A week of drinking locally - above from the top down: (1) The Horse Knows the Way, as proprietor Stefaan Massart does a tour de vines of his Chateau Vilatte estate near Puynormand; (2) The End of Bordeaux lies just beyond the building at the bottom of the slope, as the vines Chateau Parencherre near Ligueux look eastward toward Dordogne; (3) in the Colli Fiorentini, A Cellar with a View looks skyward from the ancient castle keep of Fattoria Torre a Cona.

For the last week, I've been a strict locaboire, drinking only local wines to pair with local foods.
The week began quite pleasantly with a Monday lunch at the Planet Bordeaux wine tourism center, feasting on duck confit and Bordeaux Superieure rouge at the intriguing facility just off the main route between Bordeaux City and Libourne that is all about Bordeaux' mainstay brands - Bordeaux AC and Bordeaux Superior wines.

After drinking and eating my way across Entre-Deux-Mer and adjacent regions, I landed Thursday evening in Florence in time for a long dinner at Trattorio da Tito, sampling a dozen or so bottles of delightful Chianti Colli Fiorentini reds and riservas before nearly collapsing from sensory overload into my steak Florentine.

Following a major tasting of wines of the CCF Riserva appellation at the city's Limonaia on Friday morning and visiting on Saturday four estates in the hills surrounding Italy's favorite city, I found myself on the flight back from Paris to Pennsylvania. There, my wife Ella's classic pasta with red sauce awaited me, savored at a Sunday evening dinner in front of the season's first fire and matched with two locally made Chester County wines - a homemade 2007 Pinot Noir from David Othmer's Haywagon Vineyard and a well-aged 2003 Va La Vineyards Nebbilo made by its proprietor, Anthony Vietri.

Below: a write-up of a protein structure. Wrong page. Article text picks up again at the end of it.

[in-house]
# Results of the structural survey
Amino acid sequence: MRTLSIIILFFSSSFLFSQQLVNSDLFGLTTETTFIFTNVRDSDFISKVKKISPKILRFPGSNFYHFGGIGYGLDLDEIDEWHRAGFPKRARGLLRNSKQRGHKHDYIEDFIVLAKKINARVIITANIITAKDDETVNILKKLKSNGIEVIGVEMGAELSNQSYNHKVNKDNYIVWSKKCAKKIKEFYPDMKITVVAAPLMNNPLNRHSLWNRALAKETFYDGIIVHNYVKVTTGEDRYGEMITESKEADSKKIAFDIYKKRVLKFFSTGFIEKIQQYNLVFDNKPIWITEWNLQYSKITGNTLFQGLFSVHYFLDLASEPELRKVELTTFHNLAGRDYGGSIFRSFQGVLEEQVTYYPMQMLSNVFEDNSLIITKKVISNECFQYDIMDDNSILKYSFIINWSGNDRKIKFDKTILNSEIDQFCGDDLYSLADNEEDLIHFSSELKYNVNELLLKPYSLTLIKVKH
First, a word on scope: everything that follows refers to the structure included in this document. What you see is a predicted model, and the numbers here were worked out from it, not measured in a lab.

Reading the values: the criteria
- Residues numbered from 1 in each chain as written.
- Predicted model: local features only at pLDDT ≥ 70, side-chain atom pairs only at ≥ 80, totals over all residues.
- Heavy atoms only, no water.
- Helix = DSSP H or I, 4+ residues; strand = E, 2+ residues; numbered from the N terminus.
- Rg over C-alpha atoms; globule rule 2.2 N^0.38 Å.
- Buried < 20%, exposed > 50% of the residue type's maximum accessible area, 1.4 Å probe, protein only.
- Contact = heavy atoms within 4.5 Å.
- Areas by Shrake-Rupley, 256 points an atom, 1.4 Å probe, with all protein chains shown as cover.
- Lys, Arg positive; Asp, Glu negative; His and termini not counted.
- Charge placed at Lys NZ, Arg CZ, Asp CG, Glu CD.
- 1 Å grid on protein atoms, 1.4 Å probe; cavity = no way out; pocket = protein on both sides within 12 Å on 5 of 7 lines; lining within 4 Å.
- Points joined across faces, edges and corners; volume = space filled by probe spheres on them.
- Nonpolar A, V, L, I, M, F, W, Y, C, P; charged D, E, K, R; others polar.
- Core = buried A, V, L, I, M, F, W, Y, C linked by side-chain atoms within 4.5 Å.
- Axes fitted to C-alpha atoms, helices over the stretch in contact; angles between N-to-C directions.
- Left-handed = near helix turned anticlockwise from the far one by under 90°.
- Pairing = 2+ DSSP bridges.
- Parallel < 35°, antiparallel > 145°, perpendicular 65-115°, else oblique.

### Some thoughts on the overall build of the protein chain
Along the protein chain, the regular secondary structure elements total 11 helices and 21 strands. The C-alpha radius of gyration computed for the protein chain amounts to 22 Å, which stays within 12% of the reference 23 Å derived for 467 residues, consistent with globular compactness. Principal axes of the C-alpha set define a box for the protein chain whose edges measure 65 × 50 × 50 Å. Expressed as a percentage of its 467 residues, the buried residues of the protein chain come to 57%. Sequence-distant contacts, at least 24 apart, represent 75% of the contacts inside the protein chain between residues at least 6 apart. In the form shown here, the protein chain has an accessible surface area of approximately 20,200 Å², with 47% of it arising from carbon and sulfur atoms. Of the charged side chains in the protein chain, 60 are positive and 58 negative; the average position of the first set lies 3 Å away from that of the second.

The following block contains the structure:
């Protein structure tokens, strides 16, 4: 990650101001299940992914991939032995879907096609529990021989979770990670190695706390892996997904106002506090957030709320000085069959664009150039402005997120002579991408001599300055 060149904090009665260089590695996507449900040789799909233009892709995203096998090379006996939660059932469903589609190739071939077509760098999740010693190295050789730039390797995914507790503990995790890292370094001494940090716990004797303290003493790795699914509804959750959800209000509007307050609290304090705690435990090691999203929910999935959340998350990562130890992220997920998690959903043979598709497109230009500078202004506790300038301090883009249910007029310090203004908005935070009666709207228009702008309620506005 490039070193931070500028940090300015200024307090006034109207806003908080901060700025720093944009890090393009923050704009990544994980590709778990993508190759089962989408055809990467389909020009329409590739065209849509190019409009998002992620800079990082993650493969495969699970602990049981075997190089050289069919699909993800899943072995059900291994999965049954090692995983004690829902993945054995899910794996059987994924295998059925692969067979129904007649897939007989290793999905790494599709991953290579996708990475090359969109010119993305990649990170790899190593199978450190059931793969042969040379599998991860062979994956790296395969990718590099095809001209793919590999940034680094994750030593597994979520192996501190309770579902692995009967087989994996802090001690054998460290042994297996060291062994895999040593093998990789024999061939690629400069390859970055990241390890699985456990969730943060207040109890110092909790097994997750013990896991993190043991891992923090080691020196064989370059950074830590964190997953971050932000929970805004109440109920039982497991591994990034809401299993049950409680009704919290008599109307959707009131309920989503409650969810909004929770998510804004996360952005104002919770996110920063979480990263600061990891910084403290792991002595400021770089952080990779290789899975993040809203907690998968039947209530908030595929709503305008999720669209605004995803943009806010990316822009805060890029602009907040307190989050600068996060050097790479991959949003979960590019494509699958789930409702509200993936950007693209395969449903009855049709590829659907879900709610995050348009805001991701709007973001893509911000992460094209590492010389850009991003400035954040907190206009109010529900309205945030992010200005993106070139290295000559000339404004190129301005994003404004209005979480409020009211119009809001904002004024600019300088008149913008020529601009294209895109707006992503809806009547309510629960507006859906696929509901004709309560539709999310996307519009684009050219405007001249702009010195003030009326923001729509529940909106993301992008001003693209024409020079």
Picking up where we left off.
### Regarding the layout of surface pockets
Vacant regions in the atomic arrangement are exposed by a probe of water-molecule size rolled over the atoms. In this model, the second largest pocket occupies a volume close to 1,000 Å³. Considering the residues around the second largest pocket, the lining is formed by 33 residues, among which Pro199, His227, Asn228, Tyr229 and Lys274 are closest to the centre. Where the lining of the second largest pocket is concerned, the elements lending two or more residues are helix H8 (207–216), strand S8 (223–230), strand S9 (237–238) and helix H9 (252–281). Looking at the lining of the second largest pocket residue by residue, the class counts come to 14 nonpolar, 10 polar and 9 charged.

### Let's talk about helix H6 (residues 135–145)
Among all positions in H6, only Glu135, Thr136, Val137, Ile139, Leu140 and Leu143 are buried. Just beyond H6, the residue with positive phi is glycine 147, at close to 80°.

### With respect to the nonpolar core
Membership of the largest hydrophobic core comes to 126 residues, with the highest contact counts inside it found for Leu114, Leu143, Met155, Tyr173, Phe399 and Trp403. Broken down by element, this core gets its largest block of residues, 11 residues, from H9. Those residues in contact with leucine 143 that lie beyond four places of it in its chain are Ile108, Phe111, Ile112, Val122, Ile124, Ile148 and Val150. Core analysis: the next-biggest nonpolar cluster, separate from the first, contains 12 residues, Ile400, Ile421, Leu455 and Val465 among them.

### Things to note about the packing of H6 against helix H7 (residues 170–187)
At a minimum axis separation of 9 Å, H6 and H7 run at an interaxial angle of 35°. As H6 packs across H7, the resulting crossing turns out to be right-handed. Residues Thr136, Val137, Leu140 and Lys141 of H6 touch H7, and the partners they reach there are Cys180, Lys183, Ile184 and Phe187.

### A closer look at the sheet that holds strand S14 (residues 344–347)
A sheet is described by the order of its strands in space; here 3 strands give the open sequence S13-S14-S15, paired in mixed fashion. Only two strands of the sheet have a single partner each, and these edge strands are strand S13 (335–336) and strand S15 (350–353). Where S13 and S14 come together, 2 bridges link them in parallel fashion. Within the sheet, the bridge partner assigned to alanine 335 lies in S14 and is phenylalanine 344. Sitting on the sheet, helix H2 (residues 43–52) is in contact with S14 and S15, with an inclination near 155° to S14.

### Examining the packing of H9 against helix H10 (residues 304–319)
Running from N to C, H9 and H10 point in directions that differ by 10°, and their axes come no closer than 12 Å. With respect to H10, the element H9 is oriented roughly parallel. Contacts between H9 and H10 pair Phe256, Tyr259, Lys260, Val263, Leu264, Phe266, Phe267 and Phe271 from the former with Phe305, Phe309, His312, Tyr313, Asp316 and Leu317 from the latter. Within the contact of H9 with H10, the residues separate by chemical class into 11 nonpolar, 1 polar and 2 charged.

Eat local, drink local - wherever local happens to be at the moment.
The purpose of this week on the road was to get a closer view of two under-appreciated wine regions where great quality and value exist. Bordeaux AC and Bordeaux Superieur, whose wineries are concentrated in, but not limited to, the Entre-Deux-Mers region between Boredeaux' Medoc and Graves regions and Ste-Emilion and Pomerol, makes delicious red, white, sweet and even sparkling wines at affordable prices. Chianti Colli Fiorentini is lesser known than Chianti Classico, but it also makes great value wines in the hills, or colli, around Florence.
Some highlights of the week:
1. Shopping the weekly market at Creon and seeing the source of Bordeaux' fabuluos duck cuisine,
2. Touring Renaissance man Stefaan Massart's Chateau Vilatte vineyards by horse-drawn carriage then sitting down to dinner with bread made by Massart at the brick oven he reconstructed,
3. Hearing and watching in the gathering darkness as the mascaret, or incoming mini-tidal wave, swept up the Dordogne River from the Atlantic, at riverside Chateau de Bel,
4. Walking through the caverns beneath Chateau Lamothe d'Haux, carved out long ago to get limestone building blocks for chateaux and city buildings, then having lunch on the terrace above,
5. Examining the century-old vines newly identified as being from the rare Bouchales variety at Chateau de la Vieille Chapelle,
6. Watching - quel frommage! - cheeses being made at Domaine de l'Hirondelle,
7. Savoring a family dinner with the Demononchaux at Chateau Pierrail,
8. Interviewing the fascinating Antoine Touton on camera at Chateau Sainte-Barbe.
9. At Florence's Boboli Gardens, tasting through the 2008 vintage of Chiani Colli Fiorentini in the caveronous Limonaia, then
10. Visiting four estates in the maze of hills around the city.
And, of course, the pleasures of being back home again with local food, local wine, and a local bed!
Until next time,
Roger Morris
In the September issue of the UK's The Drinks Business, read my business case study, "John Larchet's Aussie Wine Journal."